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State Senator Brandon Petersen

State Senator Branden Petersen

A recent proposal by State Senator Branden Petersen (R-MN) would place “None of the Above” as an option in elections. Under Petersen’s plan (which would be binding in all but presidential contests), if such option were to receive the most votes in a November election, a special election would be held with new candidates in February. Any candidates who had been listed on the prior ballot would be excluded.

The only state to currently have a similar law is Nevada. In contrast, Nevada allows the top vote-getting candidate to prevail, an occurrence which took place in last year’s Democratic primary for governor, as Robert Goodman finished second to “None of these candidates,” yet still received the gubernatorial nomination. Similar proposals have been introduced in several states, but none have prevailed.

The chances of Petersen’s bill becoming Minnesota law are (even by his own admission) unlikely. However, he has stated that he hopes that the proposed legislation will present an opportunity for frustrated voters to ponder a rather novel concept. Said Petersen, “This would give people an opportunity to really make a strong statement in rebuke of the present dynamic. It would be an honest check on the two-party system. This gives people a chance to legitimately voice their opinion.”

In current-day America, too many citizens see elections as meaningless and as a choice between the “lesser of two evils.” With most Republicans and Democrats seemingly having no real principles, and all too willing to negotiate away the liberties of Americans in order to win political points, voters have rightfully felt discouraged. As we move closer to a possible Jeb Bush vs. Hillary Clinton match-up in the 2016 presidential election, any previous skepticism is now becoming all too real.

Under the leadership of both parties in the White House and Congress, government has grown exponentially larger, increasing the size of the deficit while engaging in more unnecessary foreign entanglements. Nearly every facet of our lives is now closely regulated by government. Socially conservative Republicans take such action in the name of “moral good” while fiscally liberal Democrats do the same because of “social obligations.”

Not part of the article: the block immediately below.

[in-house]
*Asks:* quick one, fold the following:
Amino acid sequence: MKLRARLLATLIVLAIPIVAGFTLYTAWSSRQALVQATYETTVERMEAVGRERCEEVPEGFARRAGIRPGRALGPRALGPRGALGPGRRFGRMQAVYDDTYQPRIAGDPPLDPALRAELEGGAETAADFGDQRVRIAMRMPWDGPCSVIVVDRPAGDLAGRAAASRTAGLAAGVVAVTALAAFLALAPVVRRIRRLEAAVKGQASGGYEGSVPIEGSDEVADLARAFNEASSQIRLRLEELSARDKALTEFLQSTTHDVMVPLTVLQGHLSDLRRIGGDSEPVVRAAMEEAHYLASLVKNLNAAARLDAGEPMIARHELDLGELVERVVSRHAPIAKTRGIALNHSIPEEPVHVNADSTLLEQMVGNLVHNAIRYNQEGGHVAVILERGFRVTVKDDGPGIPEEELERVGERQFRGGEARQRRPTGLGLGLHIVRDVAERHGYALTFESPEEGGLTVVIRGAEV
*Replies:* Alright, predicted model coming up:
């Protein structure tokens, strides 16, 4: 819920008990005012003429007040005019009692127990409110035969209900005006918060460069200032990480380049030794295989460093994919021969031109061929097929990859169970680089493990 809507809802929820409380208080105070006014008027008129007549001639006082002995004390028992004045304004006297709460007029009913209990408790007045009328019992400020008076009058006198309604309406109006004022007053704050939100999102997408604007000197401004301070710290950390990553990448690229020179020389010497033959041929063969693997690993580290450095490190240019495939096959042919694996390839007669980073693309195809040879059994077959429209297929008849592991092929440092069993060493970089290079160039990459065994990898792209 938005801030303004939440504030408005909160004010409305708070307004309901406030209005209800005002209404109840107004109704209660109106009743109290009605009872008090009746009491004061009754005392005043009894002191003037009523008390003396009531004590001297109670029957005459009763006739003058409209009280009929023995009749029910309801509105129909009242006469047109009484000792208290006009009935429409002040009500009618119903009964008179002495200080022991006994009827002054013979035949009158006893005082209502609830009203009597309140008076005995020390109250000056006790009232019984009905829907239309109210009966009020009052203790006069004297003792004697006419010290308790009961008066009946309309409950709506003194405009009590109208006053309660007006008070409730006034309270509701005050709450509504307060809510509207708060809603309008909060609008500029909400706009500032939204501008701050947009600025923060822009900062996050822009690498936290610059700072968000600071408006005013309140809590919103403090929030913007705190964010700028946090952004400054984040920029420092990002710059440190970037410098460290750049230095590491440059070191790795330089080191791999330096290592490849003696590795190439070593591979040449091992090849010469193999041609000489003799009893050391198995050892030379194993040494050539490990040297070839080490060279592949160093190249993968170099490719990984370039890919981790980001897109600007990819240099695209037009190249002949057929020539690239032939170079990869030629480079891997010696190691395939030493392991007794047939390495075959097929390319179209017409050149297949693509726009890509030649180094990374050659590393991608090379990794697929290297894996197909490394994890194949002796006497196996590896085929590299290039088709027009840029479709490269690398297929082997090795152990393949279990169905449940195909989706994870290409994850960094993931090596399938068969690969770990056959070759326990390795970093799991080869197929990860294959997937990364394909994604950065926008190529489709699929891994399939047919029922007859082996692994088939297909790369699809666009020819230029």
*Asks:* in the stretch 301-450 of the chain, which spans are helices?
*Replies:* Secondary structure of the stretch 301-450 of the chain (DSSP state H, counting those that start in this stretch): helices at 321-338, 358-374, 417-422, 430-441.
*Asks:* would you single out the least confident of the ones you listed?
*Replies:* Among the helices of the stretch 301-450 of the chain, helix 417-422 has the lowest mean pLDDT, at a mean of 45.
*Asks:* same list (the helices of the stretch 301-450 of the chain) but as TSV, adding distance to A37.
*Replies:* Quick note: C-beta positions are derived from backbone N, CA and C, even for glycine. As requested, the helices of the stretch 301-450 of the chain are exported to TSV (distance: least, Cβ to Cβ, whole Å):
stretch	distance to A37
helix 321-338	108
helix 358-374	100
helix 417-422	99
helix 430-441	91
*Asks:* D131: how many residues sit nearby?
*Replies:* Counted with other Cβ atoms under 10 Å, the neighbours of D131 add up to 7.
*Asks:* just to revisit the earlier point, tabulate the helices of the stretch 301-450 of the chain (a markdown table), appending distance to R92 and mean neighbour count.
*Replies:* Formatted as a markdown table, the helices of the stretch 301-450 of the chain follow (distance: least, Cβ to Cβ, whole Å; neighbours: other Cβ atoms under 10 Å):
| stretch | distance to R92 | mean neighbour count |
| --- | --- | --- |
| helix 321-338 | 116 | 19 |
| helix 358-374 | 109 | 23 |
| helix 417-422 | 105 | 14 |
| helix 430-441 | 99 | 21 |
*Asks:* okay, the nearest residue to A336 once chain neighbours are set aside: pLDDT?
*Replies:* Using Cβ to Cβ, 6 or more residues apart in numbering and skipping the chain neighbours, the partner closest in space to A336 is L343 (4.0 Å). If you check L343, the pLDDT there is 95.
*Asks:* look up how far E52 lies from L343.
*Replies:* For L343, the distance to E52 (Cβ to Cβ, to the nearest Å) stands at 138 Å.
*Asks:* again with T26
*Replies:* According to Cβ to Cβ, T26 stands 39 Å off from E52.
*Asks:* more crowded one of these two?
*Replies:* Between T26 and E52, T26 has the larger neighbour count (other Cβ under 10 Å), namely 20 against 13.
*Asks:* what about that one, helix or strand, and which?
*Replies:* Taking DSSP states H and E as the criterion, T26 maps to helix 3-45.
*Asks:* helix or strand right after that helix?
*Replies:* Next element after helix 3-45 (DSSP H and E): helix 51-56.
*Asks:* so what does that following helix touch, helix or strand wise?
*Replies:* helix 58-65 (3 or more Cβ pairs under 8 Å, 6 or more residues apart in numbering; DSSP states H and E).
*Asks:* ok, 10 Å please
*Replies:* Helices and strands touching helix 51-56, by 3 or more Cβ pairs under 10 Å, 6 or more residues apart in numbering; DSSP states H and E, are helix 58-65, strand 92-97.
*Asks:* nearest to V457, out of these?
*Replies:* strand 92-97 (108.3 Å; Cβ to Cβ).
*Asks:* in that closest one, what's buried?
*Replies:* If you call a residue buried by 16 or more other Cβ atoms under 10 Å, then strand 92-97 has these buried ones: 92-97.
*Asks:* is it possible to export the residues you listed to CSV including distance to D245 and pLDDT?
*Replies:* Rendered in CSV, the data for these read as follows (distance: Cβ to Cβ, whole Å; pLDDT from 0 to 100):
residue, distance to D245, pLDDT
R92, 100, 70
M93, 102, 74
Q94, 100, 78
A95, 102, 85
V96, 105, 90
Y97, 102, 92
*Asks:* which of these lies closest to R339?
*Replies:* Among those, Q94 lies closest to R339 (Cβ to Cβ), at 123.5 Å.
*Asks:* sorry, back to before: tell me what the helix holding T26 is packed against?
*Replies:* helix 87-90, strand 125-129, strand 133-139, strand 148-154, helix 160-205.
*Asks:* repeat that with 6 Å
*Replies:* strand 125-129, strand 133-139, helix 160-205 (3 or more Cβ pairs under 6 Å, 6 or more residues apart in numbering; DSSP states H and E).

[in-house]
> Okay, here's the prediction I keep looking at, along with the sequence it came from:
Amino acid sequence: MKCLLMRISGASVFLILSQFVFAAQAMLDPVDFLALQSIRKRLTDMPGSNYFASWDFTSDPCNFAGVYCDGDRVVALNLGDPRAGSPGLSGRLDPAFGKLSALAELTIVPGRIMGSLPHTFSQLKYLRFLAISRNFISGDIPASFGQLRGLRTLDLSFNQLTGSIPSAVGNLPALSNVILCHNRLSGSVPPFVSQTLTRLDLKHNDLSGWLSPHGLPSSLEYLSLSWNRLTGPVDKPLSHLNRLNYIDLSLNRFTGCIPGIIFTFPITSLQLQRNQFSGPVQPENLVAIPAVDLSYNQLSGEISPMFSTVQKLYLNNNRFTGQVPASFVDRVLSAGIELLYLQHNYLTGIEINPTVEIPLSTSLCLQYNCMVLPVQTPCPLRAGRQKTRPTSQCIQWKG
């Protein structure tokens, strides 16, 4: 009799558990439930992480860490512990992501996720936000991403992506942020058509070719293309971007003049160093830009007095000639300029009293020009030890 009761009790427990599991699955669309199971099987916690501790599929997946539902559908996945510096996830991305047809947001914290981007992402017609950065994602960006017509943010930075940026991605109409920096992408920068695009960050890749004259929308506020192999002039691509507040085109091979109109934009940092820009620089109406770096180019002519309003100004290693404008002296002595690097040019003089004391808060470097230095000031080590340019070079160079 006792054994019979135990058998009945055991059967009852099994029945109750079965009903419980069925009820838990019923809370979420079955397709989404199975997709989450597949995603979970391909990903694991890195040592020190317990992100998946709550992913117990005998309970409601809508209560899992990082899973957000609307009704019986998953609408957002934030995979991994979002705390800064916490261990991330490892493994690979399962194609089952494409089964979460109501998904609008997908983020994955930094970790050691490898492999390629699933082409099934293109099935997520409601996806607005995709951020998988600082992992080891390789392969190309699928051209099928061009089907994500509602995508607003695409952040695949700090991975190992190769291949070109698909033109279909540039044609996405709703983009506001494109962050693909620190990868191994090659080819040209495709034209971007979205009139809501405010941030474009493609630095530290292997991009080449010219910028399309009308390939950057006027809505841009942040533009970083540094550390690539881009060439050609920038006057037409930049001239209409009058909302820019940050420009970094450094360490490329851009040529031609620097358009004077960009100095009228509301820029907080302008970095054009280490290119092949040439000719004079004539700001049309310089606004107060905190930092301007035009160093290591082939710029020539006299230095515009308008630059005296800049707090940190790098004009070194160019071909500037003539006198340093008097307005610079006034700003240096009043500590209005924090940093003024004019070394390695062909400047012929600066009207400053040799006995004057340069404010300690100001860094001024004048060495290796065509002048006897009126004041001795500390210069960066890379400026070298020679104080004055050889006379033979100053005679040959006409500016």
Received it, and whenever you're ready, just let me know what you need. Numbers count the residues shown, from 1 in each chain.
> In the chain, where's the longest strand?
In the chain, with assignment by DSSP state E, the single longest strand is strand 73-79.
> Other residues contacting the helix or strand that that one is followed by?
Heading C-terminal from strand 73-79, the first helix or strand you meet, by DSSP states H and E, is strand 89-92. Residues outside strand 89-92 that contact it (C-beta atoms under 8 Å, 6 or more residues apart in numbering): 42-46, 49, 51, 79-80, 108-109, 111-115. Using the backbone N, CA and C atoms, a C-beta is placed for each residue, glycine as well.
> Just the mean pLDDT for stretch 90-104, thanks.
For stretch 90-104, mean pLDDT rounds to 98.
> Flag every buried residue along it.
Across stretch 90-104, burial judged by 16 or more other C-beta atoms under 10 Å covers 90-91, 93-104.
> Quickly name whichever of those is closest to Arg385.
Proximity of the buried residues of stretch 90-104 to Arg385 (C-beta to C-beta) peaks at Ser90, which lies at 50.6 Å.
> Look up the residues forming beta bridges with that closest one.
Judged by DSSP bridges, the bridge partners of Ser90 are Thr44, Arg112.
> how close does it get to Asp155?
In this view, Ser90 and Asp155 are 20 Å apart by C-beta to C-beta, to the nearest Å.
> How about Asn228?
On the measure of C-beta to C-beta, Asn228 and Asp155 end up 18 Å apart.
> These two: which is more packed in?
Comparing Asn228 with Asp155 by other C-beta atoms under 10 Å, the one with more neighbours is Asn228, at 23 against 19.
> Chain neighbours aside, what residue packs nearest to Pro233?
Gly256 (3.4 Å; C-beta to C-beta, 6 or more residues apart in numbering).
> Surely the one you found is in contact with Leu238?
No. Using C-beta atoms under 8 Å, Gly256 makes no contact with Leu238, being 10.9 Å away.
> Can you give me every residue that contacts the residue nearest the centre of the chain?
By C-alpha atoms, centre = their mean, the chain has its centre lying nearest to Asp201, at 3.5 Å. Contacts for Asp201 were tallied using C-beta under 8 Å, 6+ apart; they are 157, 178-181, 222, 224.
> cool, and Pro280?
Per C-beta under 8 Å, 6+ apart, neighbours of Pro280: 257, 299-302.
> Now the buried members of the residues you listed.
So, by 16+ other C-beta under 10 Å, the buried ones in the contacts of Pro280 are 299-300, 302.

With “independent” becoming the most popular political identifier, most Americans have grown tired of the antics of both parties. However, a lack of comparable resources has prevented any other political parties or non-partisan voices from becoming major forces in elections. Any “third party” that does try to get involved (most often the Libertarian Party) is labeled as a “spoiler” that does nothing but “steal” votes from one of the major parties. Thus, even if some voters agree with a candidate on all of the issues, if that candidate does not have a “D” or “R” next to their name, they will often be warned against “throwing their votes away.” These issues are what occur if such candidate is able to get onto the ballot in the first place. There are numerous hurdles to even get to that most fundamental starting point, most notably a lack of funding.

This Minnesota proposal is just the latest news substantiating an outcry against how we, as a citizenry, have seen our government perform, particularly over the past several years. As much as politicians talk about their beliefs and platitudes, all of those talking points seem to disappear once they take office. Even those with initially positive intentions all too often seem to be infected by the tone of status quo politicking. While much is promised, little is done. Personal ambitions overtake policy goals, as complacency takes effect.

No one reform will change how government performs its duties. However, by in small ways bringing attention to corruption, as well as our dissatisfaction with the performance of elected officials, we can empower ourselves to make changes. Maybe “None of the Above” is the candidate we have needed all along.

About The Author

Josh Guckert
Associate Editor

Josh Guckert is a 25-year-old lawyer and has been a contributor to The Libertarian Republic since January 2015. He attended the University of Pittsburgh, where he received his BA in Political Science with a History Minor in 2013 before earning his JD in 2016. During his time in law school, he served as the Editor in Chief of the Pittsburgh Tax Review and Editorial Coordinator for the JURIST legal news service. He was born and raised in the Pittsburgh area. He is a 2013 graduate of Cato University, hosted by the Cato Institute. His largest areas of interest within the liberty movement include the protection of civil liberties and economic freedom. He is the former President of the Pitt chapter of Students for Rand and a former President of the Pitt Law chapter of the Federalist Society.